Tuesday, March 15, 2016
Be One with Your Wood / Tree Challenge
Disclaimer : Follow all State and Park guidelines when collecting wood from a National and or State Park. Different laws may apply in different areas.
Cades Cove is a broad, verdant valley surrounded by mountains and is one of the most popular destinations in the Great Smokies. It offers some of the best opportunities for wildlife viewing in the park. Large numbers of white-tailed deer are frequently seen, and sightings of black bear, coyote, ground hog, turkey, raccoon, skunk, and other animals are also possible.
An 11-mile, one-way loop road circles the cove, offering motorists the opportunity to sightsee at a leisurely pace. The valley has a rich history. For hundreds of years Cherokee Indians hunted in Cades Cove but archeologists have found no evidence of major settlements.
The first Europeans settled in the cove sometime between 1818 and 1821. By 1830 the population of the area had already swelled to 271. Cades Cove offers the widest variety of historic buildings of any area in the national park.
Dan Lawson's is believed to have built his home around 1856. The property he built his cabin on originally belonged to his father-in-law, Peter Cable. A very capable carpenter, Cable may have aided with the construction of the home, as it features some of the finest woodwork of the cabins still standing in Cades Cove.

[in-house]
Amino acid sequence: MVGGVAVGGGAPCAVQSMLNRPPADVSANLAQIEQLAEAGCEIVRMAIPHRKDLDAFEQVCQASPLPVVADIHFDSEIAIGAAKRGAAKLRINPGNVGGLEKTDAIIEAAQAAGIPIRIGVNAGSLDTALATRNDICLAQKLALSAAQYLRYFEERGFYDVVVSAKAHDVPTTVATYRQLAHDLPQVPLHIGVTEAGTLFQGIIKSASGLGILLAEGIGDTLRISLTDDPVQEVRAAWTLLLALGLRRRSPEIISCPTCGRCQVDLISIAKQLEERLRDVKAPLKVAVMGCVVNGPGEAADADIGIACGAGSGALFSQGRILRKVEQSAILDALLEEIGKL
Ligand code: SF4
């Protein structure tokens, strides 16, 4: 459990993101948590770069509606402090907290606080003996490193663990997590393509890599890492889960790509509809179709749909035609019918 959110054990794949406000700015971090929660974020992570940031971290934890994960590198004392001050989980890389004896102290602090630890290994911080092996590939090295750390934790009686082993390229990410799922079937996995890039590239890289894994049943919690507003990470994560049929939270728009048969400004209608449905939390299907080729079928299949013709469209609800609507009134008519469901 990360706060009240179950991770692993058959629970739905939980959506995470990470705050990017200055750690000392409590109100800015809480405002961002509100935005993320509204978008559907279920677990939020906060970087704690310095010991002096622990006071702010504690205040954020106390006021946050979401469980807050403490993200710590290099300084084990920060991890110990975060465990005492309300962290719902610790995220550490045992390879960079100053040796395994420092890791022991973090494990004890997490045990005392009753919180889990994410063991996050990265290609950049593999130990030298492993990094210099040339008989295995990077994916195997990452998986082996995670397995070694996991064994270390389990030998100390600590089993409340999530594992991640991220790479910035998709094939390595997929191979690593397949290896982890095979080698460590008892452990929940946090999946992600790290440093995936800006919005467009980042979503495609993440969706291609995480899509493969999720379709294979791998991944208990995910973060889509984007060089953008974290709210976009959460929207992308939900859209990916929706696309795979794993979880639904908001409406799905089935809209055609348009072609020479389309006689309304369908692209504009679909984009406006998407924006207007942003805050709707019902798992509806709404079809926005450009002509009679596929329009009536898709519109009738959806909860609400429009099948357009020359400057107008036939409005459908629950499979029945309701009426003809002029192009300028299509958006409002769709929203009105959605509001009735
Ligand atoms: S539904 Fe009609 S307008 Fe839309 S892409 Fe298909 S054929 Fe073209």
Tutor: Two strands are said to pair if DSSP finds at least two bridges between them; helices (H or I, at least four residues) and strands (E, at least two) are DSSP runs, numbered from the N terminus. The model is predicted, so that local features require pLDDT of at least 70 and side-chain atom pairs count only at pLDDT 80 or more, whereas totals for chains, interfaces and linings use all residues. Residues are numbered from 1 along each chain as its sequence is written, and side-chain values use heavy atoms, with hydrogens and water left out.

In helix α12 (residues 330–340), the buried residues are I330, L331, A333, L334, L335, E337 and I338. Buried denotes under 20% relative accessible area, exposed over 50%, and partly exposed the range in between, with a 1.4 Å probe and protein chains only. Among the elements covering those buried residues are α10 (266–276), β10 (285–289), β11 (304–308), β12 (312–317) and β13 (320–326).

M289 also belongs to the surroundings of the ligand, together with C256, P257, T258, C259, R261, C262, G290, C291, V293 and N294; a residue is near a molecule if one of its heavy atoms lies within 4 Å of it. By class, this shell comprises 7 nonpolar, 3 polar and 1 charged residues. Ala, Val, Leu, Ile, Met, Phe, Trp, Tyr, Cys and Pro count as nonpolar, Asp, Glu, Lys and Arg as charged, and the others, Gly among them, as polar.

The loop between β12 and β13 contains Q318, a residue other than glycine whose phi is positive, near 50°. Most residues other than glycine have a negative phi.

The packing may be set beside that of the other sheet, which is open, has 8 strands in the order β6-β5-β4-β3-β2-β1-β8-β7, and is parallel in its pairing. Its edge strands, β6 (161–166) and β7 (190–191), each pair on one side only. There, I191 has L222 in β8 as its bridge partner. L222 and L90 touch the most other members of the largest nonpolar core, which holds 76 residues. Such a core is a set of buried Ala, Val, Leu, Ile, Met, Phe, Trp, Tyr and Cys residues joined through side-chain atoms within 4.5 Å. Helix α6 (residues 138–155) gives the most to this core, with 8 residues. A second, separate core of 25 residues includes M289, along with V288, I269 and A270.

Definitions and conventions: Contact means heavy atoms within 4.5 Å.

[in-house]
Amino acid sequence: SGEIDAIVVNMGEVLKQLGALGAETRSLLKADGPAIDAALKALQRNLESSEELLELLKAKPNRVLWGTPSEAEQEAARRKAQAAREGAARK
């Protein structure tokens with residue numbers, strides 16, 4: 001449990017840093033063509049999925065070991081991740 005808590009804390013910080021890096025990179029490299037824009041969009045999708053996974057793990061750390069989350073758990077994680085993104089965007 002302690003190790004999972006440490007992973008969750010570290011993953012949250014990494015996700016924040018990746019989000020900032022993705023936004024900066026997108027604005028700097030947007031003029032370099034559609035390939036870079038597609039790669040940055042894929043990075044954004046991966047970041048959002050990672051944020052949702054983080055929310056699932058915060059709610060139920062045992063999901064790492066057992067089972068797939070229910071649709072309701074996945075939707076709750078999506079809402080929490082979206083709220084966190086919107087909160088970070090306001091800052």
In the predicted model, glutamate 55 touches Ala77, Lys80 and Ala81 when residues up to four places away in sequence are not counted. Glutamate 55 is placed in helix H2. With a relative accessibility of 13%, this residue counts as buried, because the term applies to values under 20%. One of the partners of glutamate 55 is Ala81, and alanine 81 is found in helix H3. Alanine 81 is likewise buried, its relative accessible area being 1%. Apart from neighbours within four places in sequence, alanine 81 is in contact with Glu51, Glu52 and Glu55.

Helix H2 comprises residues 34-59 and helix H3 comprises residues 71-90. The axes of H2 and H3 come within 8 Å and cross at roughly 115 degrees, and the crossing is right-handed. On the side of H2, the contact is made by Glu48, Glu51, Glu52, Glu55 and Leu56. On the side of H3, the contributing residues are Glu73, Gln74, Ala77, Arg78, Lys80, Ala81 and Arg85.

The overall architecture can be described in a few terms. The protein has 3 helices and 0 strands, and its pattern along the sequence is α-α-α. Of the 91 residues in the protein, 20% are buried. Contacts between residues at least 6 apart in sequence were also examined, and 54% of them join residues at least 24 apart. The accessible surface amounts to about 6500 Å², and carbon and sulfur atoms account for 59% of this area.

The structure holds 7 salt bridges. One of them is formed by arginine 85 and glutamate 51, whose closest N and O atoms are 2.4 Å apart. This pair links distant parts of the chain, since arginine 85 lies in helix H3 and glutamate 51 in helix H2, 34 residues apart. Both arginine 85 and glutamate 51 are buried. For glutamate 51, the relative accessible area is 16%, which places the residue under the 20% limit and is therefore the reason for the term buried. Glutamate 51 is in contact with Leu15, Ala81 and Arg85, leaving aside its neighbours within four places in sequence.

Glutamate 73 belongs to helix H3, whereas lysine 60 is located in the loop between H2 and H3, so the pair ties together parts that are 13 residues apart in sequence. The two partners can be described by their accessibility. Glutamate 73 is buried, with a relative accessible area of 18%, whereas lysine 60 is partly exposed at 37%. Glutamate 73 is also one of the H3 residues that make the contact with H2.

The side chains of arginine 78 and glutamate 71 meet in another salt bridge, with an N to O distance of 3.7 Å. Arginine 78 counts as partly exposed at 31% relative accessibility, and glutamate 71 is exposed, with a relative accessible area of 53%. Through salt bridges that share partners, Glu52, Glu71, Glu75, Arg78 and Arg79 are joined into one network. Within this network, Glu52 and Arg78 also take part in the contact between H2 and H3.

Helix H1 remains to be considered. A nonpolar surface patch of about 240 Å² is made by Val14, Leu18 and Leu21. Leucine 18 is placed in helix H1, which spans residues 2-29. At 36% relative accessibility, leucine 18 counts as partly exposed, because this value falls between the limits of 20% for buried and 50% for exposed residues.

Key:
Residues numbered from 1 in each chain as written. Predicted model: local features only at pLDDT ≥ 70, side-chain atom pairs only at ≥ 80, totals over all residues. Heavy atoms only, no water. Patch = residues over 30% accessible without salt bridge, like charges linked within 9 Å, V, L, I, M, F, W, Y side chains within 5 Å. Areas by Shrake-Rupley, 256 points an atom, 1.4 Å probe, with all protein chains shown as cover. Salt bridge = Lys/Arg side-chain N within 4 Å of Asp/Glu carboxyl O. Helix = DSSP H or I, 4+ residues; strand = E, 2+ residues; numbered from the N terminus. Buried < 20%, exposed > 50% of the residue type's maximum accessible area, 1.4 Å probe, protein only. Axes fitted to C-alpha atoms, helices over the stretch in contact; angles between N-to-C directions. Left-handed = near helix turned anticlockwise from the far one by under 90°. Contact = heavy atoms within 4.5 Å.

The inside faces of the logs were hewn smooth, and the ceiling joists were dressed and beaded with a plane. Another unique feature of the cabin was its brick chimney, as this was not a common feature of homes in Cades Cove at the time the home was built. Lawson would later expand the cabin, adding a second story and a porch for the post office he ran in his home.
A smokehouse, granary, and corn crib would be added as additional structures on the property. Lawson also accumulated other properties over time, at one point owning a solid strip of land from the state line on the ridge behind the house, across the center of the Cove, to the top of the mountains in front.
Be sure to check out Dominic Bender and his Tree Challenge